[UPHPU] to ORM or to NOT
lists at sollis.net
Mon Aug 16 20:26:51 MDT 2010
Thanks again. Keep any more thoughts coming, if there are any.
Those mentioned have ratified the route I was thinking.
Many thanks to the group!
Please pardon any typos, this message was sent from my non-flash playing, closed platform, lazy iPhone.
On Aug 16, 2010, at 7:19 PM, Grant Shipley <gshipley at gmail.com> wrote:
> On Aug 16, 2010, at 12:55 PM, Roberto Mello <roberto.mello at gmail.com> wrote:
>> On Mon, Aug 16, 2010 at 10:28 AM, Jonathan Duncan
>> <jonathan at bluesunhosting.com> wrote:
>>> As I see, it, the DB agnostic angle is THE angle. I have been using the CakePHP framework which has an ORM built-in. Learning to use the Cake ORM instead of straight SQL had a learning curve but since the ORM tackles so many of the tedious work that I usually had to do manually it was worth the time, to me. It really depends on what you are using the ORM for, how often you plan on using it for this project and future projects. If it is a one time deal, it may not be worth it to you.
>> It certainly is THE WRONG angle for most applications, except for the
>> cases where you are going to sell your app, and support for multiple
>> databases is a must.
> I agree with what Roberto said. A lot of developers spend a good portion of time abstracting the db when in reality most applications run on the same database for the duration of the life of the application.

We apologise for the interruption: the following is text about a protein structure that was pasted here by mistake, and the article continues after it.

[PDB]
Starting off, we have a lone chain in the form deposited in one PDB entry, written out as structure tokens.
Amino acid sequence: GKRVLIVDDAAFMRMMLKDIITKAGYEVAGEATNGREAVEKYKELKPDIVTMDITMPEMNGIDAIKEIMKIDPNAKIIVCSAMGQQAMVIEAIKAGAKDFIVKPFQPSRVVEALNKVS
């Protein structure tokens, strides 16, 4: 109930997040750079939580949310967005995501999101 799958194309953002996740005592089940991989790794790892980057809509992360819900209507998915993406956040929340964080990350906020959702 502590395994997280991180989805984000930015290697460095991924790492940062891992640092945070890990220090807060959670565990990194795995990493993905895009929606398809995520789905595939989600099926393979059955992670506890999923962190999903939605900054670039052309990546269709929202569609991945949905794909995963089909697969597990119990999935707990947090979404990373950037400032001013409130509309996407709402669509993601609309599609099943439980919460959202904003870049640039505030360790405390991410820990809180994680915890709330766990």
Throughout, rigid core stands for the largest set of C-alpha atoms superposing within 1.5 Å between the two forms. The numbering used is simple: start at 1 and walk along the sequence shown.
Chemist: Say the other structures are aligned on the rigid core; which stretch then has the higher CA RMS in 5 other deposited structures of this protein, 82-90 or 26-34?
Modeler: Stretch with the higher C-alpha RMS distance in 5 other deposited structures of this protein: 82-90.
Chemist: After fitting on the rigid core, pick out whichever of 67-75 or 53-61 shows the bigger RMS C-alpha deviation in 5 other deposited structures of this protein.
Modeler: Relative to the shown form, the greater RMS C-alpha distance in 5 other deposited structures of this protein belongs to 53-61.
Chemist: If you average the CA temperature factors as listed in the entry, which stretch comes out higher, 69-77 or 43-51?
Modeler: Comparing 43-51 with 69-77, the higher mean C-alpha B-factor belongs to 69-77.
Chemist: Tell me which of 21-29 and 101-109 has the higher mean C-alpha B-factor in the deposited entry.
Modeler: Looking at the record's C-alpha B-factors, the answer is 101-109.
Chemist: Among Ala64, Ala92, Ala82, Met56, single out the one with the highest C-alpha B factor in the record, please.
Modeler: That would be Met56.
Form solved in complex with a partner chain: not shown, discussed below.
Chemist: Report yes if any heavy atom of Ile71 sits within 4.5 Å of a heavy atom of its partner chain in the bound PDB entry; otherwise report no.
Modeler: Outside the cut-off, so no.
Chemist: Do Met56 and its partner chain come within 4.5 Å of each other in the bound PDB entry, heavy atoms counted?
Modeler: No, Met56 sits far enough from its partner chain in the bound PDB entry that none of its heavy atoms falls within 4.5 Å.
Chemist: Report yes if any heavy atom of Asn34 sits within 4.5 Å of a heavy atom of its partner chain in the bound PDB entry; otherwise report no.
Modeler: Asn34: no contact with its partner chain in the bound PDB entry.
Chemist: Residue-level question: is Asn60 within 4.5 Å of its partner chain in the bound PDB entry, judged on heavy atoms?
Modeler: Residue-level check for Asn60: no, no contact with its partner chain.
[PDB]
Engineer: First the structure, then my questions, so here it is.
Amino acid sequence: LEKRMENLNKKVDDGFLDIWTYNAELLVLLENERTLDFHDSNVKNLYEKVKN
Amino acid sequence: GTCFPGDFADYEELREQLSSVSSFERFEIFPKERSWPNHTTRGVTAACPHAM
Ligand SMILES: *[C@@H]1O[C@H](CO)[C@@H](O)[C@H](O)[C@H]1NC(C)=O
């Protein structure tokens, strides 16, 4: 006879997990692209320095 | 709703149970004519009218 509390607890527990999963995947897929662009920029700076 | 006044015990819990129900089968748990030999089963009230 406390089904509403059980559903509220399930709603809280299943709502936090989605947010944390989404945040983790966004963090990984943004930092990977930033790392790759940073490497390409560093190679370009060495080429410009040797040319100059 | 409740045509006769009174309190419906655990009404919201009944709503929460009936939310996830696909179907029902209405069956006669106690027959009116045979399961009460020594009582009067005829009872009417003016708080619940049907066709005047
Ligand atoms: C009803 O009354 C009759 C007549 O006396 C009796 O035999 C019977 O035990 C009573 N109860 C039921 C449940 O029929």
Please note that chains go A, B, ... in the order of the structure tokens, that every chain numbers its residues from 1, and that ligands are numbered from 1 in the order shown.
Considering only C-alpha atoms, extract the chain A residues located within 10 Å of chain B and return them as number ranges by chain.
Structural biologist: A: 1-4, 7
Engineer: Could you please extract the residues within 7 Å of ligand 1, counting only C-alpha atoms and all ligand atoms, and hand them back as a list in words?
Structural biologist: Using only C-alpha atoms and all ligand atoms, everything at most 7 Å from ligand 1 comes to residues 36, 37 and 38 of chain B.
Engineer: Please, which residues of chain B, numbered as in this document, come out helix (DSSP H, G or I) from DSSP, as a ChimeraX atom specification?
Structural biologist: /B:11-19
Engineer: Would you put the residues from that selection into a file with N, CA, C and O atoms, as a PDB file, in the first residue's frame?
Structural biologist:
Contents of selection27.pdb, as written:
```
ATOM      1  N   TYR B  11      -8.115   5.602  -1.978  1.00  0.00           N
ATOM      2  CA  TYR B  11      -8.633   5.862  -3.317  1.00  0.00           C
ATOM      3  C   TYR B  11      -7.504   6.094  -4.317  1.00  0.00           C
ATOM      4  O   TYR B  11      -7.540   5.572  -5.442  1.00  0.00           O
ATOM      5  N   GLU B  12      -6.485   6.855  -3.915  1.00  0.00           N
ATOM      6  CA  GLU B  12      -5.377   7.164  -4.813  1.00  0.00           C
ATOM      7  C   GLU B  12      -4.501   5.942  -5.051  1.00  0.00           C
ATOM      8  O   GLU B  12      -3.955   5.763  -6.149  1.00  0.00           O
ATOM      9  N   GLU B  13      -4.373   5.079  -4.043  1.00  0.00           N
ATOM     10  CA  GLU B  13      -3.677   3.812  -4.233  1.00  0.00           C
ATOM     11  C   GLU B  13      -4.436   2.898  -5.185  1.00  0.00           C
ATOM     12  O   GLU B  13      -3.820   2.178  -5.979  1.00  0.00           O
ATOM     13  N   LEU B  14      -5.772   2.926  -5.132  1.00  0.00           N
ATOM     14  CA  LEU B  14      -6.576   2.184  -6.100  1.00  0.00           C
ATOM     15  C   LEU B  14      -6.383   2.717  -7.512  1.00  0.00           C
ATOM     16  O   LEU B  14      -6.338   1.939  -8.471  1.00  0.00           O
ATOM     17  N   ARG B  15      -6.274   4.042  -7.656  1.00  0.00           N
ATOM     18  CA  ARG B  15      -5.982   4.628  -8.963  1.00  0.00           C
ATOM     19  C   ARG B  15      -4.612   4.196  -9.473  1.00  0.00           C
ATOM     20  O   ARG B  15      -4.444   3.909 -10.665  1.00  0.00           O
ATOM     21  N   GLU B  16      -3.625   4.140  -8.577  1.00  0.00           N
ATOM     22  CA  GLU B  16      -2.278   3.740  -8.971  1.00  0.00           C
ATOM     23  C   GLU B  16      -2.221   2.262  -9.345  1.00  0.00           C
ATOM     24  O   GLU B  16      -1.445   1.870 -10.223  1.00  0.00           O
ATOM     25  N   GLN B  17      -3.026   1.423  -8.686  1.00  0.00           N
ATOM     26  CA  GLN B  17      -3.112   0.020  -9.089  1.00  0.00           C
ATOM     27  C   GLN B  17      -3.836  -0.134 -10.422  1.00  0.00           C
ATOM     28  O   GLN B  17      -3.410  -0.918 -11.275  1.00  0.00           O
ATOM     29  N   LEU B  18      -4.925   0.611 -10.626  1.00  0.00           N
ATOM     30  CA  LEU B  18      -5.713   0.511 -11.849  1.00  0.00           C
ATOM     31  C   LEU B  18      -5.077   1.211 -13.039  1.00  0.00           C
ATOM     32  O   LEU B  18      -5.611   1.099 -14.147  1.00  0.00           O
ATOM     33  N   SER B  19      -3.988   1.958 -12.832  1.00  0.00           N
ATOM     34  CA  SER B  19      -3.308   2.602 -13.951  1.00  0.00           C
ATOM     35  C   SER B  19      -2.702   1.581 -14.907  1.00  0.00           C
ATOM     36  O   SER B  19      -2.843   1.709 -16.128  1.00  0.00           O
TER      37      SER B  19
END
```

>> There is value in using the advanced features of the database of your
>> choice in your application. Performance, agility, speed of
>> development, full text indexing and searching, geospatial addressing,
>> and many others. If you care about your application, you should care
>> about those things.
>> Trading those off for lowest-denominator, software-generated queries
>> certainly works, but make no mistake: it is a trade-off, and you are
>> paying for it. This is not cross-platform compilation, where you have
>> #ifdef's of code that run on this or that platform. The impact on your
>> application goes much deeper and wider, and should be carefully
>> ORMs provide other attractive features, ease of coding probably being
>> chief amongst them. I believe it to be a mistake to detach yourself
>> from the relational model you are ultimately using, in search of
>> object-oriented nirvana. That too is a trade-off, one with a high
>> Roberto Mello
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